PETA hopping mad at UM over wallaby
An animal rights activist group is unhappy with the University of Michigan's handling of an exotic animal — a wallaby — that it says two UM students tried to sell online.
One of the students, a UM hockey player, refused to hand over the baby marsupial to the Detroit Zoo earlier this week, according to a lawyer for People for the Ethical Treatment of Animals (PETA.)
The wallaby, instead, has been returned to the Hudsonville breeder who sold it to student athlete Cutler Martin, PETA says. The group says that's an irresponsible move and the animal belongs at a zoo where it cannot be sold.
After noticing an online ad offering to sell the baby male wallaby, the attorney for PETA said she contacted Martin, a UM sophomore and a defenseman on the university's hockey team. Wallabies resemble small kangaroos and are native to Australia and New Guinea.
Brittany Peet, a Washington-based attorney with the PETA Foundation, said she told Martin that local ordinances make it illegal to own exotic animals and a federal license is required to sell them. She said PETA then arranged to pay Martin $500 to hand the animal over to the Detroit Zoo. Peet also sent an email to UM President Mark Schlissel on Wednesday informing him of the situation.
However, Martin sought more money and threatened to sell the wallaby to a roadside zoo, Peet said. Martin of East Lansing could not be reached for comment Friday.
On Friday, UM spokeswoman Kim Broekhuizen said in a statement: "The student no longer has possession of the animal and it has been turned over to a responsible and appropriate adult."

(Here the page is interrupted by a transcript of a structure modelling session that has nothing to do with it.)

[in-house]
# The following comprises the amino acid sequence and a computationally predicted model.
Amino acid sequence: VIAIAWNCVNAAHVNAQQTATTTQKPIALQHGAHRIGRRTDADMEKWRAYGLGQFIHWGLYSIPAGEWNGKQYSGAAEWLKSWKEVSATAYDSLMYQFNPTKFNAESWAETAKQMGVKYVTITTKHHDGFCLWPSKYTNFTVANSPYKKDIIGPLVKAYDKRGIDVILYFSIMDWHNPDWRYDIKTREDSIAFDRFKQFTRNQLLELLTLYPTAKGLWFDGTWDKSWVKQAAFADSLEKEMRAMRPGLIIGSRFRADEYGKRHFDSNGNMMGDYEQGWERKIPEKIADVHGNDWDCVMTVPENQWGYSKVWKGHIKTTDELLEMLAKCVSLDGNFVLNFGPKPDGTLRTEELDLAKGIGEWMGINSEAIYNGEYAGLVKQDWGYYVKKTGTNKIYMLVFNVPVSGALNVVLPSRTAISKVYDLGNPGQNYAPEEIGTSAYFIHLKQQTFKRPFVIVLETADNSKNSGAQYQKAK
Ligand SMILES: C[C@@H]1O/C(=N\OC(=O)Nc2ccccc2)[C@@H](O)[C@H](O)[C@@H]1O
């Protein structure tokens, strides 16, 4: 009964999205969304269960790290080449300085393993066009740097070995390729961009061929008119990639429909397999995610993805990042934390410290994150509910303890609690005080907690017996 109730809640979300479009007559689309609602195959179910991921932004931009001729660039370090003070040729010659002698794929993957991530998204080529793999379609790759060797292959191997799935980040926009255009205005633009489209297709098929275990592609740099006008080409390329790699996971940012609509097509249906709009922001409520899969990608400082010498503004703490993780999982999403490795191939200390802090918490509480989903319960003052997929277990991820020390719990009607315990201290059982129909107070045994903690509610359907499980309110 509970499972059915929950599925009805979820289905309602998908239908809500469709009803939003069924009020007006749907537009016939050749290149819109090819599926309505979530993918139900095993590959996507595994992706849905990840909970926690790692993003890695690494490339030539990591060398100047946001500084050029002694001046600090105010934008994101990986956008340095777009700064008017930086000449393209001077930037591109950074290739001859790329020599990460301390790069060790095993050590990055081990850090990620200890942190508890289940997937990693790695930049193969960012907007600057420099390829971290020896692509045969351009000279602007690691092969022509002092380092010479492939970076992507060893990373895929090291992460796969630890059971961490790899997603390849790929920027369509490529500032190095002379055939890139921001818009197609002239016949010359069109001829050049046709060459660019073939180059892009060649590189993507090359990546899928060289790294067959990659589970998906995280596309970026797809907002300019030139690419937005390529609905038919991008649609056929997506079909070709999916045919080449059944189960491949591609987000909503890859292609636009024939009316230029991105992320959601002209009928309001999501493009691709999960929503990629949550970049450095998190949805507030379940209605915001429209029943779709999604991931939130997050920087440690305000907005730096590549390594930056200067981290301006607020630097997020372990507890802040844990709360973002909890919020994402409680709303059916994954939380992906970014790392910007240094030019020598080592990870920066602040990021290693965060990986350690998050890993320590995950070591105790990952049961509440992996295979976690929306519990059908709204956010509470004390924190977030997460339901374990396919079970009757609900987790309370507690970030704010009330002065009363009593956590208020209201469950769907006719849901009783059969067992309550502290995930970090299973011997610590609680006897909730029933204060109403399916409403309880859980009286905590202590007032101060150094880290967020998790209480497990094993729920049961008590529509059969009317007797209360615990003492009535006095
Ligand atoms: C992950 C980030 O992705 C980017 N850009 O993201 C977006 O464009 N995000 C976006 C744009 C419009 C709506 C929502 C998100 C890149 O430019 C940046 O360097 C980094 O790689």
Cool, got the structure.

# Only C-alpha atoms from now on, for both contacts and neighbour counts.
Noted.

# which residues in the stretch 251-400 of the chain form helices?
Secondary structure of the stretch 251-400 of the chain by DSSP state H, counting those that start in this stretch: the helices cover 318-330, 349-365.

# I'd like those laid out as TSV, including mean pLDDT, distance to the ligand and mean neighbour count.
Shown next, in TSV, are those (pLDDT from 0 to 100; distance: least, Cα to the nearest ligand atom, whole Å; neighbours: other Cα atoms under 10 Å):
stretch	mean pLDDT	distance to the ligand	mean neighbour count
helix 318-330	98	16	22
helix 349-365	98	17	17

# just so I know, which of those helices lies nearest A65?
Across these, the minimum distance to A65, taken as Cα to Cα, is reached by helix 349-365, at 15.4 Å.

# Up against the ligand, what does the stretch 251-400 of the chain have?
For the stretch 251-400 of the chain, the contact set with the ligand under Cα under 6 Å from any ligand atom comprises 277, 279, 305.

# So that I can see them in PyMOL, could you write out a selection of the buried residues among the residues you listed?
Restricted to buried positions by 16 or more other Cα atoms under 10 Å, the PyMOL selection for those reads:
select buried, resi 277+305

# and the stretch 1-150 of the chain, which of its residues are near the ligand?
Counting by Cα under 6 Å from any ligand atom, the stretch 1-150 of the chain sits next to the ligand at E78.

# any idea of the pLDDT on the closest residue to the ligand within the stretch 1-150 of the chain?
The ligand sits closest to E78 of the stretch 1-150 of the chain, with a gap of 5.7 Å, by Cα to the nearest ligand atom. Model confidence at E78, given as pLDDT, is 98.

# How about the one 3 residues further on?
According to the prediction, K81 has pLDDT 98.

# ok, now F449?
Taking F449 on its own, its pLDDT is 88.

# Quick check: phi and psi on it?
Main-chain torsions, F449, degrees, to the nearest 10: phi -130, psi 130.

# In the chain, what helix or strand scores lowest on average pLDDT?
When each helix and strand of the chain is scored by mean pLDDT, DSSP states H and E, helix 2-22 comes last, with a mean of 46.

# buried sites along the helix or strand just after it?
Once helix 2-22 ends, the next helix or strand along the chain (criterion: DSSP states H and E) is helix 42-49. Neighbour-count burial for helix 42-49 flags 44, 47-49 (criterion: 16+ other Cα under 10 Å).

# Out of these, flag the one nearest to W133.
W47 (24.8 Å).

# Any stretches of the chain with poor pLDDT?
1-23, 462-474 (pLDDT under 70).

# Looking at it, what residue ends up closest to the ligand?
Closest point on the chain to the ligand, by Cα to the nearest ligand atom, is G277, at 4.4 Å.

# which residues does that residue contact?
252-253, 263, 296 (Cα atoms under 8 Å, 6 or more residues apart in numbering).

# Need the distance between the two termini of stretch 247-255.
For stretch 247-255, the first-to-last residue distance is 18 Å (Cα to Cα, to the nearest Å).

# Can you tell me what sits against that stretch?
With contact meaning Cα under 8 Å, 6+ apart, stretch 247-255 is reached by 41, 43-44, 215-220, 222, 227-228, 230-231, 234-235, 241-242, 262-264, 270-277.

That's the same reply UM gave to PETA earlier this week, and the answer doesn't satisfy the group's concern over the animal's safety. The Hudsonville breeder could not be reached Friday.
"A wallaby doesn't belong in a private home any more than a wolverine does," Peet said.
PETA maintains that keeping a wild animal such as a wallaby in a residential home and subjecting it to handling by strangers places it at risk of injury and severe psychological harm. In addition, the animal in question is only 2 months old, according to the online ads, which means it needs constant care.
PETA said that UM football player Jack Wangler initially tried to sell the wallaby online for $2,220. Wangler on Friday confirmed some details of the saga.
"I never had possession of the wallaby — money never switched hands," Wangler told The News. "He was a really good pet. He would hop around and follow you. If you sat, he sat." He also vouched for Martin's care of the wallaby, who was named Sampson.
"The animal had extremely good living conditions. He was bottle fed," Wangler said. "I don't think he was doing anything wrong. It just serves as learning lesson for everyone involved."
As for the wallaby's whereabouts now, Wangler would only say, "It's in good hands."
That's not good enough for PETA.
"This student (Martin) and the school had the opportunity to step up and set a great example for all U of M sports fans by allowing this wallaby to spend the rest of his life in a naturalistic habitat with other animals at the Detroit Zoo," Peet said.
"Now the wallaby has apparently been sent back to the irresponsible breeder who allowed a college athlete to take home a baby wallaby in the first place."